LINGUIST List 9.238

Tue Feb 17 1998

Calls: Multiple Media, Computational Linguistics

Editor for this issue: Anita Huang <>

Please do not use abbreviations or acronyms for your conference unless you explain them in your text. Many people outside your area of specialization will not recognize them. Also, if you are posting a second call for the same event, please keep the message short. Thank you for your cooperation.


  1. witbrock, Deadline Extension (April 5th) for CALD Workshop on Mixed Media Databases
  2. Ted Briscoe, Evolutionary Computational Linguistics

Message 1: Deadline Extension (April 5th) for CALD Workshop on Mixed Media Databases

Date: Fri, 13 Feb 1998 17:17:15 -0500
From: witbrock <>
Subject: Deadline Extension (April 5th) for CALD Workshop on Mixed Media Databases

Dear Colleague,

This message contains a substantial deadline extension which should
give many more of you an opportunity to participate. Please read on.

You are invited to participate in the Center for Automated Learning
and Discovery workshop on Mixed Media databases. This workshop will
be held in conjunction with the Conference on Automated Learning and
Discovery, being held at Carnegie Mellon University in Pittsburgh from 
June the 11th to the 13th 1998.

This workshop is intended for researchers with an interest in learning
from multiple media. The workshop will emphasize both algorithms and
applications of learning with mixed media databases. Papers that
describe algorithms should cover either novel approaches designed to
benefit from mixed-media data, or modifications of standard algorithms
that utilize multiple media data sources. Application papers should
clearly demonstrate the benefits of learning from two or more types of

Different media areas to be addressed include: 

 Vision: Image, Video, and VRML 
 Speech and Audio 
 Text, including OCR, Closed-Captioning,
 handwriting, and web-documents 
 Olfactory perception 
 Haptic and Touch sensing 

If you would like to present at this workshop, please submit a paper
describing original research work and results. Four copies of the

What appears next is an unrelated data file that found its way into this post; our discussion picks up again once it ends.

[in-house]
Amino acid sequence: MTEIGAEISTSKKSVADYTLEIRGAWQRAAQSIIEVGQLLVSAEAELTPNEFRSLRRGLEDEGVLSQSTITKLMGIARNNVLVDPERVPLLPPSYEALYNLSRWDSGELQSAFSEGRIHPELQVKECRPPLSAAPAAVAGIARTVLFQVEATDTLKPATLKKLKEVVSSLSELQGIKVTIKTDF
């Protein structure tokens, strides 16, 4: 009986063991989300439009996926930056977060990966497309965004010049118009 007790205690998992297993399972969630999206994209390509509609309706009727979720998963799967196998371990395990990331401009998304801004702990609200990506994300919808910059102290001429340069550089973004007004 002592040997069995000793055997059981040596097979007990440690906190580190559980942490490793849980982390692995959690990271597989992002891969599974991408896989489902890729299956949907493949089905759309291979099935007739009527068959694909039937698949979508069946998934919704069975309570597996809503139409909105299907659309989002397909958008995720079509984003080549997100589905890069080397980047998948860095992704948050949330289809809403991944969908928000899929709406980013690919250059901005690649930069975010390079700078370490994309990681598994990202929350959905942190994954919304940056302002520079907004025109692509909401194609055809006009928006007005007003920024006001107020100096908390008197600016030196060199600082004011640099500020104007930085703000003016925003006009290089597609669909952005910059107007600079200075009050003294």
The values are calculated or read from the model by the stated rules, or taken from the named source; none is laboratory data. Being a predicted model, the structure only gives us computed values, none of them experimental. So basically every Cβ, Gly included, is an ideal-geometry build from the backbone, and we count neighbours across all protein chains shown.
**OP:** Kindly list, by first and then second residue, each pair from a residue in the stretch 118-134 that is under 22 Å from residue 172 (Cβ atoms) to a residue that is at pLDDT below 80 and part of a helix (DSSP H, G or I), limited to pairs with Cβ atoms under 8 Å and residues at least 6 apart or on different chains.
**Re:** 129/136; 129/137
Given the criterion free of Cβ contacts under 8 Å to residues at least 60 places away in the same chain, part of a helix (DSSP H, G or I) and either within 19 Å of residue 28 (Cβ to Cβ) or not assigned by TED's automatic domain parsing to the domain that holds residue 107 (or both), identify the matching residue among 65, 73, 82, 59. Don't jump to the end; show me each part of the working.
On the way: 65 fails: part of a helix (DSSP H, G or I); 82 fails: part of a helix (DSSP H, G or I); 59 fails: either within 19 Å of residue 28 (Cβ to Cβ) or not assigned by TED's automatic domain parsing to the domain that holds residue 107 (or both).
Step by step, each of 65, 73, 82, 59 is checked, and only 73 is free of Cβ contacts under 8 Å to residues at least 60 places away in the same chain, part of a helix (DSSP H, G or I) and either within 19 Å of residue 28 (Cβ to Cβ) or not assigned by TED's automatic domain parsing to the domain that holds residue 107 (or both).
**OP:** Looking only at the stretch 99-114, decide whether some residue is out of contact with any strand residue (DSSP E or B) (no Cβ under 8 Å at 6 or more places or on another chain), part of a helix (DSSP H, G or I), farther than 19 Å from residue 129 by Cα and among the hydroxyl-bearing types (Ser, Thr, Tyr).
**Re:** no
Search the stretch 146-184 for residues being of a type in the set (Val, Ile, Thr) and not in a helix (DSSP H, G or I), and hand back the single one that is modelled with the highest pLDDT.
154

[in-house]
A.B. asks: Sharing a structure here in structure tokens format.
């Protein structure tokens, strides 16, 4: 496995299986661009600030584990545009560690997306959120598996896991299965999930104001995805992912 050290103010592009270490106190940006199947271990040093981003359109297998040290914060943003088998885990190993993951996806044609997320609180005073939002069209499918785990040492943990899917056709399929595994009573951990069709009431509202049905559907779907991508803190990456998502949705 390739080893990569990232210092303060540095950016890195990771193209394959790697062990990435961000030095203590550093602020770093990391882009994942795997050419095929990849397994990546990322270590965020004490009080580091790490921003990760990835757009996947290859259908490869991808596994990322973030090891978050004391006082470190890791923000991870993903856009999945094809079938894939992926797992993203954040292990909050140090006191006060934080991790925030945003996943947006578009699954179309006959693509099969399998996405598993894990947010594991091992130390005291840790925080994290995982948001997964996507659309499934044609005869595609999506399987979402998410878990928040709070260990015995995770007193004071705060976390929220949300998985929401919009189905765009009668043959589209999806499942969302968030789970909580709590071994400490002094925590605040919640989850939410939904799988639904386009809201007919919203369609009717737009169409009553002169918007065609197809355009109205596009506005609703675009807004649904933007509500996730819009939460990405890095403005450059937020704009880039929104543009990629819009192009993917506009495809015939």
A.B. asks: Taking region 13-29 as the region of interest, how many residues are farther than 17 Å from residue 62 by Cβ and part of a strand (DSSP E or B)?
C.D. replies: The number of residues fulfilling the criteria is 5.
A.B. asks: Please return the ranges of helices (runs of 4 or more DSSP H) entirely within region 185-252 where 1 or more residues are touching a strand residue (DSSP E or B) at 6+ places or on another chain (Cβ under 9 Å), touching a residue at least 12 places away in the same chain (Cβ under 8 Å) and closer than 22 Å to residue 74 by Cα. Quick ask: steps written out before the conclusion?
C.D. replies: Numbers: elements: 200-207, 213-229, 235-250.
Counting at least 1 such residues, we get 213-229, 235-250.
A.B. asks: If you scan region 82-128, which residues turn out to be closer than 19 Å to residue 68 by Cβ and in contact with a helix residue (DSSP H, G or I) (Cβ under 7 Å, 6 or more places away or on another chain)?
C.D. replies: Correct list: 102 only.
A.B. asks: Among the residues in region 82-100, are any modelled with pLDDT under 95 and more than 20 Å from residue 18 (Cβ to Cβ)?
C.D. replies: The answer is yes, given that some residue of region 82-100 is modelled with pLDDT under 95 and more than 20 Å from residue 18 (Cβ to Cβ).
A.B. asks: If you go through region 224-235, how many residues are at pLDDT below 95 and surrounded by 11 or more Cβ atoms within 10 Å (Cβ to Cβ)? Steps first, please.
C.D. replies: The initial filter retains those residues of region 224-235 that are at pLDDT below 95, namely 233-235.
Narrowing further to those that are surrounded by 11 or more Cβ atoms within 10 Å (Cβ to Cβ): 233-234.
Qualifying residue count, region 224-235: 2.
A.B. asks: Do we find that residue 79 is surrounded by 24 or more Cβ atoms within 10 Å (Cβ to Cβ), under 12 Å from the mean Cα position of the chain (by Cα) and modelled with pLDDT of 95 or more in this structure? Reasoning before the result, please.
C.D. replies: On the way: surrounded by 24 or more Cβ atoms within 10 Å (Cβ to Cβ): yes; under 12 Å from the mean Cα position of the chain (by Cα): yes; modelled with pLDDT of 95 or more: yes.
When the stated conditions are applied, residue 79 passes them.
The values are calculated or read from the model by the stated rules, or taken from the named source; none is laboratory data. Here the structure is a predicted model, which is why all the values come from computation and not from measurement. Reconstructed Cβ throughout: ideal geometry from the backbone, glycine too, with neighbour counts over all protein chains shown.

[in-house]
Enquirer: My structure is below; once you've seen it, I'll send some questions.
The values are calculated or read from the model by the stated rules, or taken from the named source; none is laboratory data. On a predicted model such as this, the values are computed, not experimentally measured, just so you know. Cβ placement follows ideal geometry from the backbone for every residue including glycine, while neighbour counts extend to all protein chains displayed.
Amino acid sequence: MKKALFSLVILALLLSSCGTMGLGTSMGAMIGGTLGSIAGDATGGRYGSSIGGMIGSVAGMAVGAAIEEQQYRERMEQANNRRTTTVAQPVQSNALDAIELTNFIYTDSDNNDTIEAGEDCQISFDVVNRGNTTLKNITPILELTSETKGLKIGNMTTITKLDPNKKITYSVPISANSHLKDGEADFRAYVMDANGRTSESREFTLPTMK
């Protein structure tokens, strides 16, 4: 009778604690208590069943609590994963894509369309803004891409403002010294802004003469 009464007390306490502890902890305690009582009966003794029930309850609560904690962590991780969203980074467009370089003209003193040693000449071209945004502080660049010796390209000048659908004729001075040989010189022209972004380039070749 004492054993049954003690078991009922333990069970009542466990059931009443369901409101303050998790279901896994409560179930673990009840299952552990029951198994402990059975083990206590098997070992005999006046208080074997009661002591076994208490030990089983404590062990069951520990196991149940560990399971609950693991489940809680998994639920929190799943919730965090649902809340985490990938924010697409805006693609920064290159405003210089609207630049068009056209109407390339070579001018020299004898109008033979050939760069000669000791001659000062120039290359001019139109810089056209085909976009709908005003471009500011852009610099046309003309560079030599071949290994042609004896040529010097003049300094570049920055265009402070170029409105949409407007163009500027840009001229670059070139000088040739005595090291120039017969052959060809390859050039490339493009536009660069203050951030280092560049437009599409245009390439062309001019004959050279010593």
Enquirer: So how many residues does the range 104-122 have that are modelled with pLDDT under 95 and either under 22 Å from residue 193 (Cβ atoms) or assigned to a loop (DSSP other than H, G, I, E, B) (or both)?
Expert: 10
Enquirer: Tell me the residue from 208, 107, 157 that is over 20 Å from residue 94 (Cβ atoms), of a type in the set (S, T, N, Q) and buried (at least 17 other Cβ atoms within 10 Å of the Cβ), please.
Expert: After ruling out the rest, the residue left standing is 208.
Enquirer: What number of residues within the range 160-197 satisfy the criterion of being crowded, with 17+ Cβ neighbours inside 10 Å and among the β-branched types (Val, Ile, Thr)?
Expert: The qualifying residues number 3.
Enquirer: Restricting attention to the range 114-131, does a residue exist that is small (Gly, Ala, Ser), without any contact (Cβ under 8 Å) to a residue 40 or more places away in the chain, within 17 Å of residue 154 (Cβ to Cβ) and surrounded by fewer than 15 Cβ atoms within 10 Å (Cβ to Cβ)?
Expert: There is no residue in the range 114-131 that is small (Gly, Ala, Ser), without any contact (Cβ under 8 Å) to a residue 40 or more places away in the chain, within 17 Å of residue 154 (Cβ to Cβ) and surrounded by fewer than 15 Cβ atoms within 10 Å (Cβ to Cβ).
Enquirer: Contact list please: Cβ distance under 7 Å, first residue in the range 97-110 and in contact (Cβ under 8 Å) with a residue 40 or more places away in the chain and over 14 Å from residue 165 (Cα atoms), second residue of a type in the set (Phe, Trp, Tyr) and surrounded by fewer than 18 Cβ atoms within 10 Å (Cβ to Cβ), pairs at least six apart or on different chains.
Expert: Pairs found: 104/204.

paper should be submitted in hardcopy by April the 5th, 1998.

Because of the deadline extension, submissions should be sent, in
quadruplicate, to:

 CALD Workshop on Mixed Media Databases
 Attn: Michael Witbrock
 4616 Henry St,
 Pittsburgh PA 15213

The ideal paper should cover two or more topics listed above and apply
some aspect of learning to the multiple media data. The learning may
involve, but is not limited to neural networks, as well as statistical
and probabilistic models. All statistical, probabilistic, and learning
approaches are welcome.

Papers submitted to this workshop may also be submitted to other
conferences or to journals.

If you plan to submit a paper or attend, please contact the organizers
(listed below).

Detailed submission instructions can be found at the following URL,
but you should remember the altered deadline and submission address
given above: 

Selected papers from the workshop will be considered for publication
in an upcoming special issue of IEEE Expert journal.


 Shumeet Baluja (
 Christos Faloutsos (
 Alex Hauptmann (
 Michael Witbrock (

The conference main site is at
Please visit it soon. And please forward this Call to any colleagues
who may be interested.
- -------------------------------------------------------------------
Michael Witbrock Justresearch
Research Scientist 4616 Henry St, Pittsburgh, PA 15213
Phone: +1 412 683 9486 Fax: +1 412 683 4175
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Message 2: Evolutionary Computational Linguistics

Date: Tue, 17 Feb 1998 09:39:40 +0000
From: Ted Briscoe <>
Subject: Evolutionary Computational Linguistics




 16th August 1998
 University of Montreal


There has been a recent resurgence of interest in the application of